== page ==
Literary Agent Submission Cover Letters
A cover letter with your submission (usually via email) is your introduction to the literary agent. There is no absolute right way of doing this, just as there is no right way of doing synopsis, since every publisher and literary agents is different, and they want different things from authors. They have likes and dislikes and each one is looking for the right fit, and that is why it really is all down to luck of the draw, but it’s also about how you present yourself to them.
Before you even write a cover letter, you should have spent time searching and researching literary agents and publishers that you think might be able to represent you and your work. You will know that they are currently open to new submissions; they represent your genre, and have an established list of authors on their books.
The research will also have told you whom you should address your letter. Don’t address it to ‘Whoever it may concern’, as this shows a lack of professionalism and lack of focus. Know the contact for your submission. Don’t use first name terms.
You should also have checked what they would like in the subject line of the email. It’s also wise to include your name, address and contact details in the body of the letter, just like any other letter.
The tone of the letter should be business-like and not over friendly. The idea is to keep it professional, but at the same time it allows the agent to see your personality and your capability as a writer. This is the very first impression that will have of you, so don’t be rude or arrogant by telling them you’re the best thing to happen in writing for a long time, or that your book is a best seller.
They will reject you.
The letter should be kept to one page. It’s common to keep to three or four brief paragraphs. Keep it concise. Don’t ramble. Present it in single line spacing, either Arial or TNR font. Agents don’t want fancy fonts and different colours, but they do like to see that it is presented in present tense.
Most writers use the first paragraph to introduce the title of the story, the genre, word count, and when or where it is set in order to set the tone and feel for the story.
Give a brief description of what the story entails. Mention your main characters and their goals, the main conflicts and what they must overcome to reach these goals. Try to be upbeat with the letter rather than mundane. There are different ways you could try to hook the agent’s interest – from the punchy style of the letter, using a line or two from the book that might create interest, or perhaps a catchy one liner. Some writers have written a cover letter in the style of the story. Of course, whether any of this works is really down to the writers. This is why there is no right or wrong way to do it. It’s all about enticing the agent or publisher and making them want to take on your manuscript.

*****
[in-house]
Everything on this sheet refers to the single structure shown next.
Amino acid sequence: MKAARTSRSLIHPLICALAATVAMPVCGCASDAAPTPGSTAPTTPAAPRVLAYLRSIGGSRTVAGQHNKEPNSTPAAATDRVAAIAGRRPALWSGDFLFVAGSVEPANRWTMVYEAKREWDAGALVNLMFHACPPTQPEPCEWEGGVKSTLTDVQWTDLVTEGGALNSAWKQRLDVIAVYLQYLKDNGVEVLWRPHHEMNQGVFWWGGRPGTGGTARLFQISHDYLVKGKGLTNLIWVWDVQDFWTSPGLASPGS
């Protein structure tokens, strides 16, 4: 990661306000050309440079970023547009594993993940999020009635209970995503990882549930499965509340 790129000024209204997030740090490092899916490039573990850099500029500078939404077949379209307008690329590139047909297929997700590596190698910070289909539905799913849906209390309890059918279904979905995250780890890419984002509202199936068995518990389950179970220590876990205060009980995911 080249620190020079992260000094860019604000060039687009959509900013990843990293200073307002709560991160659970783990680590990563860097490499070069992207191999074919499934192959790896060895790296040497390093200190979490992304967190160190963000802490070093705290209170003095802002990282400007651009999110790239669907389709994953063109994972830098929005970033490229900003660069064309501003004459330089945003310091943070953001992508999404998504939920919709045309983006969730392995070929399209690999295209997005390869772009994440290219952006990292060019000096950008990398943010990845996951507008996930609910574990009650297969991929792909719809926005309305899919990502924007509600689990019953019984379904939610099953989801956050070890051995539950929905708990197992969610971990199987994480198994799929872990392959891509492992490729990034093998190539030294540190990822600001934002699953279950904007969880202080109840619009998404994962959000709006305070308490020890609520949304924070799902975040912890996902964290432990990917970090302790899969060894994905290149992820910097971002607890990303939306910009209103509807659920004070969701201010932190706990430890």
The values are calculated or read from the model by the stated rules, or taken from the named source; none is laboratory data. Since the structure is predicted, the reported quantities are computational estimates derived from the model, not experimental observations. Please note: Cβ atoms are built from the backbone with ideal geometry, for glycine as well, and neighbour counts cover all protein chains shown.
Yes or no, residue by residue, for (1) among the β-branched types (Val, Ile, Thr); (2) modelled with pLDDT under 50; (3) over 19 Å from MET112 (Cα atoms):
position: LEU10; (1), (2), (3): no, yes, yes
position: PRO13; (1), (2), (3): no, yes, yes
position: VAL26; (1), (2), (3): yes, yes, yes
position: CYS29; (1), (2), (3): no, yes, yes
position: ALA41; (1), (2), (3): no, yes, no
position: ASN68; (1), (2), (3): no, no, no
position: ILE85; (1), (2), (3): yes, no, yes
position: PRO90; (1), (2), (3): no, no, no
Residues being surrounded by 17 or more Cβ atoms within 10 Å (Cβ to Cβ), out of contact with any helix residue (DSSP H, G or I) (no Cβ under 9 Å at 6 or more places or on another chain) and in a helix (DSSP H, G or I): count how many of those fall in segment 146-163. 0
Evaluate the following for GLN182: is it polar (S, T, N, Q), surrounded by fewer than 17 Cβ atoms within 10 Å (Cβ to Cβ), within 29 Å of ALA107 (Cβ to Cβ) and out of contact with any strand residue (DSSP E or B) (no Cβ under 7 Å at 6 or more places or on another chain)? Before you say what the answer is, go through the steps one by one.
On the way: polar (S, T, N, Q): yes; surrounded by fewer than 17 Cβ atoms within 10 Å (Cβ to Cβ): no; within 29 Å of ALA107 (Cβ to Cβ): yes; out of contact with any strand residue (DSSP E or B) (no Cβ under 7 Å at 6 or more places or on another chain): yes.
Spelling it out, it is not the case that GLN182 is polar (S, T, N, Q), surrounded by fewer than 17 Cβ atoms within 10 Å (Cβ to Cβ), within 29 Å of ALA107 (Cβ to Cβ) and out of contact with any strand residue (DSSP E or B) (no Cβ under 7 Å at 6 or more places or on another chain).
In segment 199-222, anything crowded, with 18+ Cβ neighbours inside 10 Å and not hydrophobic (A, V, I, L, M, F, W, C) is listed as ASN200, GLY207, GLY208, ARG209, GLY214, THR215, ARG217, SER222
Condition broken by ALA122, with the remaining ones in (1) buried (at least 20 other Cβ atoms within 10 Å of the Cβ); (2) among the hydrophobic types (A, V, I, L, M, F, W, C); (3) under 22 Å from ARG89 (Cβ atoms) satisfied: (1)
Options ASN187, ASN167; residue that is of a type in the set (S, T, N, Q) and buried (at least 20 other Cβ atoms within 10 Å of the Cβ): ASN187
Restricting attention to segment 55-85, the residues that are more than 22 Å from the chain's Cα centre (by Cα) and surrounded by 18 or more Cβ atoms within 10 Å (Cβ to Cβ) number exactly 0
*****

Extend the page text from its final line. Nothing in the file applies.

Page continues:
Don’t be afraid to mention where you think the book might fit in the current market and why it may be unique.
Include brief details about yourself. The agent doesn’t need to know your life story, how many kids you have, where you live and what your hobbies are. Your current profession and any writing credits (except self-publishing – as this does not count), are all they need to know. If you have no writing credits, don’t worry, it’s not an issue. Some people truly are first time authors, and there is nothing wrong with that.
Also briefly mention what other writing projects you are working on – it shows the agent you are busy with other ideas and plans and that you are a hard worker.
Don’t forget to tell them you have also attached/enclosed a synopsis and the first three chapters / or first fifty pages (depending on the agent’s guidelines on submissions) and always thank them for their time and consideration.
Just remember, no cover letter is standard or written in stone. You do not have to present the details of your letter in the exact order shown here, as this is just a guide. But the advice to any would be author when submitting a letter is to be unique, interesting, upbeat, individual, professional and courteous. It’s your introduction to them. It’s a sales pitch.
Make them want to represent you.